To clear something up: Honan did get most of his data back. The next article explains how accounts on Google are not wiped completely the second you hit “delete”. There are ways to recover your data on services like Gmail. But it is a pain-in-the-ass procedure, answering a long … looong list of questions in online forms to make sure, you previously owned the account.
As you see recovery is not always possible. About 25% of the data was lost, since the remote wipe had already processed that much of the hard drive. And once wiped, you will never get any of it back. That is just a fact. Honan was lucky the Apple genius was so helpful to interrupt the wiping process so DriveSavers could attempt to recover the non-wiped data. And he was even more lucky he haven’t had FileVault 2 enabled. In this case the wiping process would take only a quick reboot and the data would have been lost within seconds, since the wiping process then only consists of erasing the encryption key of FileVault.
Well, I have my Mac secured with FileVault. Every file on the hard drive is encrypted and can only be used when I unlock the encryption layer with my password. So I would be screwed if the hard drive would be remotely wiped by mistake or attack, right? Wrong. Because I do backups.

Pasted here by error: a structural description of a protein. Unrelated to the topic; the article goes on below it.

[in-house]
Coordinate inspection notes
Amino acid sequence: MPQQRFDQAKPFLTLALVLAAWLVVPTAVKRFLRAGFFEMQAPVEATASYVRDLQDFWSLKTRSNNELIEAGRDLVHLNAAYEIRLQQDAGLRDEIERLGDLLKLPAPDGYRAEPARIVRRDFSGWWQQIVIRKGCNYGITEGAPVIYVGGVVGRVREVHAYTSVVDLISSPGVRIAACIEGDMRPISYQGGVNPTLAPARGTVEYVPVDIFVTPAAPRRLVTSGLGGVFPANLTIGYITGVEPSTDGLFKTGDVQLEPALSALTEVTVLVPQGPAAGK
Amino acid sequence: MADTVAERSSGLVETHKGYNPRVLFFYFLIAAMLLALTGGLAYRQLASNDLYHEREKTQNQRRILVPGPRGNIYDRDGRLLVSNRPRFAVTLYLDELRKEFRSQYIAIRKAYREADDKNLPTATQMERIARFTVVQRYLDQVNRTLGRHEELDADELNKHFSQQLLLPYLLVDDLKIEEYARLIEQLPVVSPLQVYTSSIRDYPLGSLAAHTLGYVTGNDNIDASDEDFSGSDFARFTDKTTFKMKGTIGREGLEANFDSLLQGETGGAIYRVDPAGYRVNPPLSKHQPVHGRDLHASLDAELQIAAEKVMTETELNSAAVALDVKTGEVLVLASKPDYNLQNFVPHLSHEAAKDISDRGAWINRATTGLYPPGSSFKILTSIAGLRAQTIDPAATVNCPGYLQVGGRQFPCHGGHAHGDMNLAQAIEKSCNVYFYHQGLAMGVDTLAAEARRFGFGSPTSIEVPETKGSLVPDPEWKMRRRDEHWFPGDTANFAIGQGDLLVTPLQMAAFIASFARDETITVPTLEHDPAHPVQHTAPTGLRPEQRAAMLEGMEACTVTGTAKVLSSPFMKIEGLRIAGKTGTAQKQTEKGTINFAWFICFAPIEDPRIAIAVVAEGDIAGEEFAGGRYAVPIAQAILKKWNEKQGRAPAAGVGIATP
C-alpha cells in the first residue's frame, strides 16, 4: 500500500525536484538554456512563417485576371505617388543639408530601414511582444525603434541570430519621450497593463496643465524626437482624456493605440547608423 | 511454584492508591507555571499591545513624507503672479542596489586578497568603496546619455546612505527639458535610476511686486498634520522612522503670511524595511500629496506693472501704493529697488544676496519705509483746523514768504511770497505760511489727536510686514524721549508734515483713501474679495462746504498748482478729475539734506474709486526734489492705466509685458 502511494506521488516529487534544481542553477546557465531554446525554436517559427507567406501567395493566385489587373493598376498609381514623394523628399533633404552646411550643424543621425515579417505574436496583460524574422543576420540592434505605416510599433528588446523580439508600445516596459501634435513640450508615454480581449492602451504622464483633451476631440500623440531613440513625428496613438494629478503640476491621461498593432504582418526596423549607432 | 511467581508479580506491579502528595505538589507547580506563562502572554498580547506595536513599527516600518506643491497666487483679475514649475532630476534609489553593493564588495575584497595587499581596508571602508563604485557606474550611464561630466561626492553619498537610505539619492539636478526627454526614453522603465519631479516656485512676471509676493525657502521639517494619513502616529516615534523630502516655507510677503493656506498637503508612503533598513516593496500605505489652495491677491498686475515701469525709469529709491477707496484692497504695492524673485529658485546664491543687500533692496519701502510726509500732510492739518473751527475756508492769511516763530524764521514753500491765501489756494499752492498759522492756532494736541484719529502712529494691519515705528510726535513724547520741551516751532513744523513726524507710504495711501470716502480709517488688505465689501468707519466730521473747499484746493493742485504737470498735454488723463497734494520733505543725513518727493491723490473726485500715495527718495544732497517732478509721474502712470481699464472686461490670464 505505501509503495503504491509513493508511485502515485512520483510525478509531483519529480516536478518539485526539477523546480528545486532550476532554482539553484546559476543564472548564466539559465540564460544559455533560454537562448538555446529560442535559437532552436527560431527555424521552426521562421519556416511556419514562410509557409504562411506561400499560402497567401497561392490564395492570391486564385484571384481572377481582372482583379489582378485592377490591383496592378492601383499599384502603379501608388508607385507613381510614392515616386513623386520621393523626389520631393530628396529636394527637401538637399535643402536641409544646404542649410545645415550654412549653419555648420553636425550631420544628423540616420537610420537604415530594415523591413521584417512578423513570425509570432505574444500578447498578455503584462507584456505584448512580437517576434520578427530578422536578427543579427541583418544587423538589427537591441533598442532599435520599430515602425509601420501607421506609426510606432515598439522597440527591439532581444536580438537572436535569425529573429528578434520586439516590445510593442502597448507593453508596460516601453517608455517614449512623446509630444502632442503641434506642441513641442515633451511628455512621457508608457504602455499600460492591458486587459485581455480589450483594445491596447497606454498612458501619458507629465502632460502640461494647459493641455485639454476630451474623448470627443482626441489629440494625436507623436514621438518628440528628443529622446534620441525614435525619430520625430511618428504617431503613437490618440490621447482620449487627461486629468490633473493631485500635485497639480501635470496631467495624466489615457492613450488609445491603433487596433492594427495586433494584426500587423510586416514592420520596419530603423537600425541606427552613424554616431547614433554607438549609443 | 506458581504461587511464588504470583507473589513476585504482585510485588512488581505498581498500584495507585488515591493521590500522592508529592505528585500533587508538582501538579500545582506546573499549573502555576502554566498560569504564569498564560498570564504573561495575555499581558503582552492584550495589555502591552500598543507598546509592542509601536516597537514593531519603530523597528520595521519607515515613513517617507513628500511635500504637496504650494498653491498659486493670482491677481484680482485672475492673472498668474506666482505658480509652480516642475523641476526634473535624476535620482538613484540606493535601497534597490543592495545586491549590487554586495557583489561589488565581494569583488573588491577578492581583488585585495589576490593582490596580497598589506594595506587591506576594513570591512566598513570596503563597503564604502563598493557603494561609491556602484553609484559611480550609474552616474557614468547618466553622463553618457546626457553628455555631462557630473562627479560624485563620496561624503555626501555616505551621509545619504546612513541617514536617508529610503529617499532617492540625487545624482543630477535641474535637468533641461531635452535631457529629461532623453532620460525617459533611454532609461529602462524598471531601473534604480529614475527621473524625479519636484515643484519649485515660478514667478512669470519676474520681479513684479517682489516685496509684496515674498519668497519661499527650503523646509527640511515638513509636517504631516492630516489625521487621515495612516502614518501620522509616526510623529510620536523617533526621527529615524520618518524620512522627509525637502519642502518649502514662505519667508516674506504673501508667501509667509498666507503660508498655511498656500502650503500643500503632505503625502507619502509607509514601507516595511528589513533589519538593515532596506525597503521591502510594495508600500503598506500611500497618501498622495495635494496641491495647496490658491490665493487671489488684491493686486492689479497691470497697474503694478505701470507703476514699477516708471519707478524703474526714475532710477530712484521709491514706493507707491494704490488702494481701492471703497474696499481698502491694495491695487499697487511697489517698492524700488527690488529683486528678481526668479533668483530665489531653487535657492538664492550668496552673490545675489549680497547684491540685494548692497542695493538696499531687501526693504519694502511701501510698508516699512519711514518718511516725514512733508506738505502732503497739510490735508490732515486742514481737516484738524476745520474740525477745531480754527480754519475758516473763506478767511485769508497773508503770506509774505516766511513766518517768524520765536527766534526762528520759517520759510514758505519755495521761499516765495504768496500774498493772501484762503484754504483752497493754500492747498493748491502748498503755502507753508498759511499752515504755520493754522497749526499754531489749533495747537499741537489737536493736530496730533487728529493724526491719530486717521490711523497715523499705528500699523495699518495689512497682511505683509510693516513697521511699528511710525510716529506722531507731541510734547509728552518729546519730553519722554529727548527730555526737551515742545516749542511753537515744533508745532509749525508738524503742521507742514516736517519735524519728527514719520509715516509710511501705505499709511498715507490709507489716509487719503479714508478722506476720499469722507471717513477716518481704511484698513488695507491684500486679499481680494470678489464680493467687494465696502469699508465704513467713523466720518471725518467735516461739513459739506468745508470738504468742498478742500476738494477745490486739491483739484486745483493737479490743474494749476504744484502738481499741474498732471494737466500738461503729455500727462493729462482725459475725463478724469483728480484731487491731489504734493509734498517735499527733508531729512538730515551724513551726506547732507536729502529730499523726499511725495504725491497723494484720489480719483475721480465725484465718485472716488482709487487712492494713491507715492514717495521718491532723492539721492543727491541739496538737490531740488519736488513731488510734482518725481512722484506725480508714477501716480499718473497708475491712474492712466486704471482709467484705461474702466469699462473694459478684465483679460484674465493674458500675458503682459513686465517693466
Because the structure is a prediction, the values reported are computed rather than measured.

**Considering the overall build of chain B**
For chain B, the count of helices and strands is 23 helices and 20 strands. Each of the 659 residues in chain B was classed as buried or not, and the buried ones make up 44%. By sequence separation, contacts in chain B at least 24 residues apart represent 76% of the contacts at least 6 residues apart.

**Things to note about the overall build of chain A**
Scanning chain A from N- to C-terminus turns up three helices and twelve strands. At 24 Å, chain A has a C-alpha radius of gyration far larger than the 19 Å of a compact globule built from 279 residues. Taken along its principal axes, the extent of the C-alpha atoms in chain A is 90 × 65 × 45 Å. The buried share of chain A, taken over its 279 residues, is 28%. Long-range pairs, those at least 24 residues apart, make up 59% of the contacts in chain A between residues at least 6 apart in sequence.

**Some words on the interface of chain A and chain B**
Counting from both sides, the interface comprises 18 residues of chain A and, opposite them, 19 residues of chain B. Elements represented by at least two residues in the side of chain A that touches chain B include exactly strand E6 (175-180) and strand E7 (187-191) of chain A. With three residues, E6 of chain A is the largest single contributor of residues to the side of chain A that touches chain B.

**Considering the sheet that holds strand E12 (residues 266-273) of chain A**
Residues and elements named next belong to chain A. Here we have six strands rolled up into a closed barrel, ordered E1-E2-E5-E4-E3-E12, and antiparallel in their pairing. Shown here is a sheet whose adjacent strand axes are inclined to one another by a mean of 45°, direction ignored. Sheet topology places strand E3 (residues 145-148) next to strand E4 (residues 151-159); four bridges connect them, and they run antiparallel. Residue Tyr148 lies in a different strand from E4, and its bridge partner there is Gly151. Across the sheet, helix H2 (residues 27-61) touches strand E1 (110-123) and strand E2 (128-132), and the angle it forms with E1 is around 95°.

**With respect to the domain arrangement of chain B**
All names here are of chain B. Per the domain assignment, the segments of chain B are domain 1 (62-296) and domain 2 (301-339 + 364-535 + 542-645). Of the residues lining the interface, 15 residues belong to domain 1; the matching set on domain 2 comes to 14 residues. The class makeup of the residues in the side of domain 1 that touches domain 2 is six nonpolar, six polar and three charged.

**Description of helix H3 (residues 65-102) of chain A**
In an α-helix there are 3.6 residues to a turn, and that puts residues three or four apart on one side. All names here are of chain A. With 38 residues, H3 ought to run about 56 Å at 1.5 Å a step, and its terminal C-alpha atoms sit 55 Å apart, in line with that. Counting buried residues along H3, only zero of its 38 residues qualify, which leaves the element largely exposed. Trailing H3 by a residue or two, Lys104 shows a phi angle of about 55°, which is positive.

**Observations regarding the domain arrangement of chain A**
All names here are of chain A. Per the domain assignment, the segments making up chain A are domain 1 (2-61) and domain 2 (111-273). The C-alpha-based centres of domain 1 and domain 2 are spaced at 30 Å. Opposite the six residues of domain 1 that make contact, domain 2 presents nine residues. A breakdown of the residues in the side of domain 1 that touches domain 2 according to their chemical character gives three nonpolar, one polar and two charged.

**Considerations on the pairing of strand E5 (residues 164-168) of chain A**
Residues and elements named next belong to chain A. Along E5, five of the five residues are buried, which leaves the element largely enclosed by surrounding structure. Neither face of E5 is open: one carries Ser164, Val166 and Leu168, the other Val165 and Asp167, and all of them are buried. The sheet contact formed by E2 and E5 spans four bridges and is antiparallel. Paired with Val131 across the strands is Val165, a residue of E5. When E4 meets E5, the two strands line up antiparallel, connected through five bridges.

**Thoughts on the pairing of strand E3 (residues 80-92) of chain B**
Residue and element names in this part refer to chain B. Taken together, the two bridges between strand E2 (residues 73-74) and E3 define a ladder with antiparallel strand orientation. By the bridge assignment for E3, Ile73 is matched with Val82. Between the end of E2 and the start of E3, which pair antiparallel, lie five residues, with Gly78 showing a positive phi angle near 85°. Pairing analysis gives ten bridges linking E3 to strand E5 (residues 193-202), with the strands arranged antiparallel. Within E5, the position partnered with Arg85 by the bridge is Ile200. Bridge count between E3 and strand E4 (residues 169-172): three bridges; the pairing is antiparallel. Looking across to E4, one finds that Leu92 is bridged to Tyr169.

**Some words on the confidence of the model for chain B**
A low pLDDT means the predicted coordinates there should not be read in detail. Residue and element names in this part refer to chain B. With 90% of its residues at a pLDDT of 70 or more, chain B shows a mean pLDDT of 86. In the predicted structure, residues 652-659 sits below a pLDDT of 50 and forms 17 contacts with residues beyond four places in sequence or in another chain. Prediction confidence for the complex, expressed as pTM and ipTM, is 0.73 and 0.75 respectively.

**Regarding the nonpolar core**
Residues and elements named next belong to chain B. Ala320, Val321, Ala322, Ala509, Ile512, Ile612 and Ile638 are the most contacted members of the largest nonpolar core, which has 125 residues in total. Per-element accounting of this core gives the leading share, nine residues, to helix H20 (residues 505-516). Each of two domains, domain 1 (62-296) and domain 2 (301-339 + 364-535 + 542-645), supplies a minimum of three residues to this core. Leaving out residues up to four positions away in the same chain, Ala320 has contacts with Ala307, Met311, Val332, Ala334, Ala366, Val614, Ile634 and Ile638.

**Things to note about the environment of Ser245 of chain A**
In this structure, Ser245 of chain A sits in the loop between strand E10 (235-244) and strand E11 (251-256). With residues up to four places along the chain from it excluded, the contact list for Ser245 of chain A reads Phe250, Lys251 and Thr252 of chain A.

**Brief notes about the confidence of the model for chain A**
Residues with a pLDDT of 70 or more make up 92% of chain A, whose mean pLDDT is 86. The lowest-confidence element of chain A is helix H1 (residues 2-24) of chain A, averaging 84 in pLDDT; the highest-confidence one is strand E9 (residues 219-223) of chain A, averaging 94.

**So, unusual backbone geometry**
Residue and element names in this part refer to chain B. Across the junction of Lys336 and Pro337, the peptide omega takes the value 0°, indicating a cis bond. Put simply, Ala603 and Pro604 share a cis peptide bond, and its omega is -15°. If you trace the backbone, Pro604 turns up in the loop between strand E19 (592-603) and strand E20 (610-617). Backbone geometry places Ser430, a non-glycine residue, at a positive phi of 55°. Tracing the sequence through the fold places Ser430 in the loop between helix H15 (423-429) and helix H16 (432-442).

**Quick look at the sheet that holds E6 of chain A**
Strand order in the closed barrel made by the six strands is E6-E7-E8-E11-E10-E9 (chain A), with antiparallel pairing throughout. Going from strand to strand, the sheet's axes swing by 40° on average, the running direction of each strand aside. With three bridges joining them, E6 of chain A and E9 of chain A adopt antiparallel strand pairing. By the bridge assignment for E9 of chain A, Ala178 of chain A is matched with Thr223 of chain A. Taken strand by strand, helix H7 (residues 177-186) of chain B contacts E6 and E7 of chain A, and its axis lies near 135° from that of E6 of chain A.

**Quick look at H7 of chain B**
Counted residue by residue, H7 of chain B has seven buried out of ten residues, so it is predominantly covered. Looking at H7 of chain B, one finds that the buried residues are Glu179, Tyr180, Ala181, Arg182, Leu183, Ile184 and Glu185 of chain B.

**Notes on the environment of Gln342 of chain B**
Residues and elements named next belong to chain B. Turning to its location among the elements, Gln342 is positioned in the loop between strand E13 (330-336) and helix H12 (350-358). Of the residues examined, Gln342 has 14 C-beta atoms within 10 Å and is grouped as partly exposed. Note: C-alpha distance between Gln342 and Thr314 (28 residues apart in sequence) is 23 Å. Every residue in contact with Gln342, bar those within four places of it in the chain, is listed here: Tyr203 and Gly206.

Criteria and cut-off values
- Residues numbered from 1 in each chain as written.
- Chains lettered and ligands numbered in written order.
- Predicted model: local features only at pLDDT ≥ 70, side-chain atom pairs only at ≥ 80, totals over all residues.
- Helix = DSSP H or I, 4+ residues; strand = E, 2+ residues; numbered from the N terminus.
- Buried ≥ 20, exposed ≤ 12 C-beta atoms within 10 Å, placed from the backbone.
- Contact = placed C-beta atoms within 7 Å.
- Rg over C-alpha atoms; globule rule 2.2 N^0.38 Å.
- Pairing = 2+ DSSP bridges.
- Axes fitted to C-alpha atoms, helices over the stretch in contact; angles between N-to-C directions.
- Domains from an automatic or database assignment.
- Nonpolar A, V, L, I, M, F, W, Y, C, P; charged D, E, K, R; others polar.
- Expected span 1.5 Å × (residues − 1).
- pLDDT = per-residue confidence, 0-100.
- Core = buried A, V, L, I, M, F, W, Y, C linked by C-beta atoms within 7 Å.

As I explained earlier, I am a cautious guy. Not only I do enable every possible extensive security features on accounts I have around the web. I also keep two full backups of the data that is on my machine. One is a Time Machine backup, kept on an encrypted partition on my NAS and a second one is a bootable backup, created with Carbon Copy Cloner on an encrypted external hard drive. The Time Machine backup of course is always as up to date as possible. Maximum amount of lost data: The stuff I was working on in the last hour or maybe a few days when I haven’t been at home and could not do the backup. The bootable backup is not that up to date, but I get reminded of plugging in every few days and that way, even if my Time Machine backup would die the same time my Mac's content is compromised, I would only lose a few days worth of data.
All three systems failing simultaneously would be a nightmare. The worst case scenario, like hell freezing over. But lets be honest: that is highly unlikely to be happening. And that unlikeliness didn’t cost me a fortune. Everyone can afford that kind of backup plan, especially if being an established tech journalist for the last decade or more. ;-)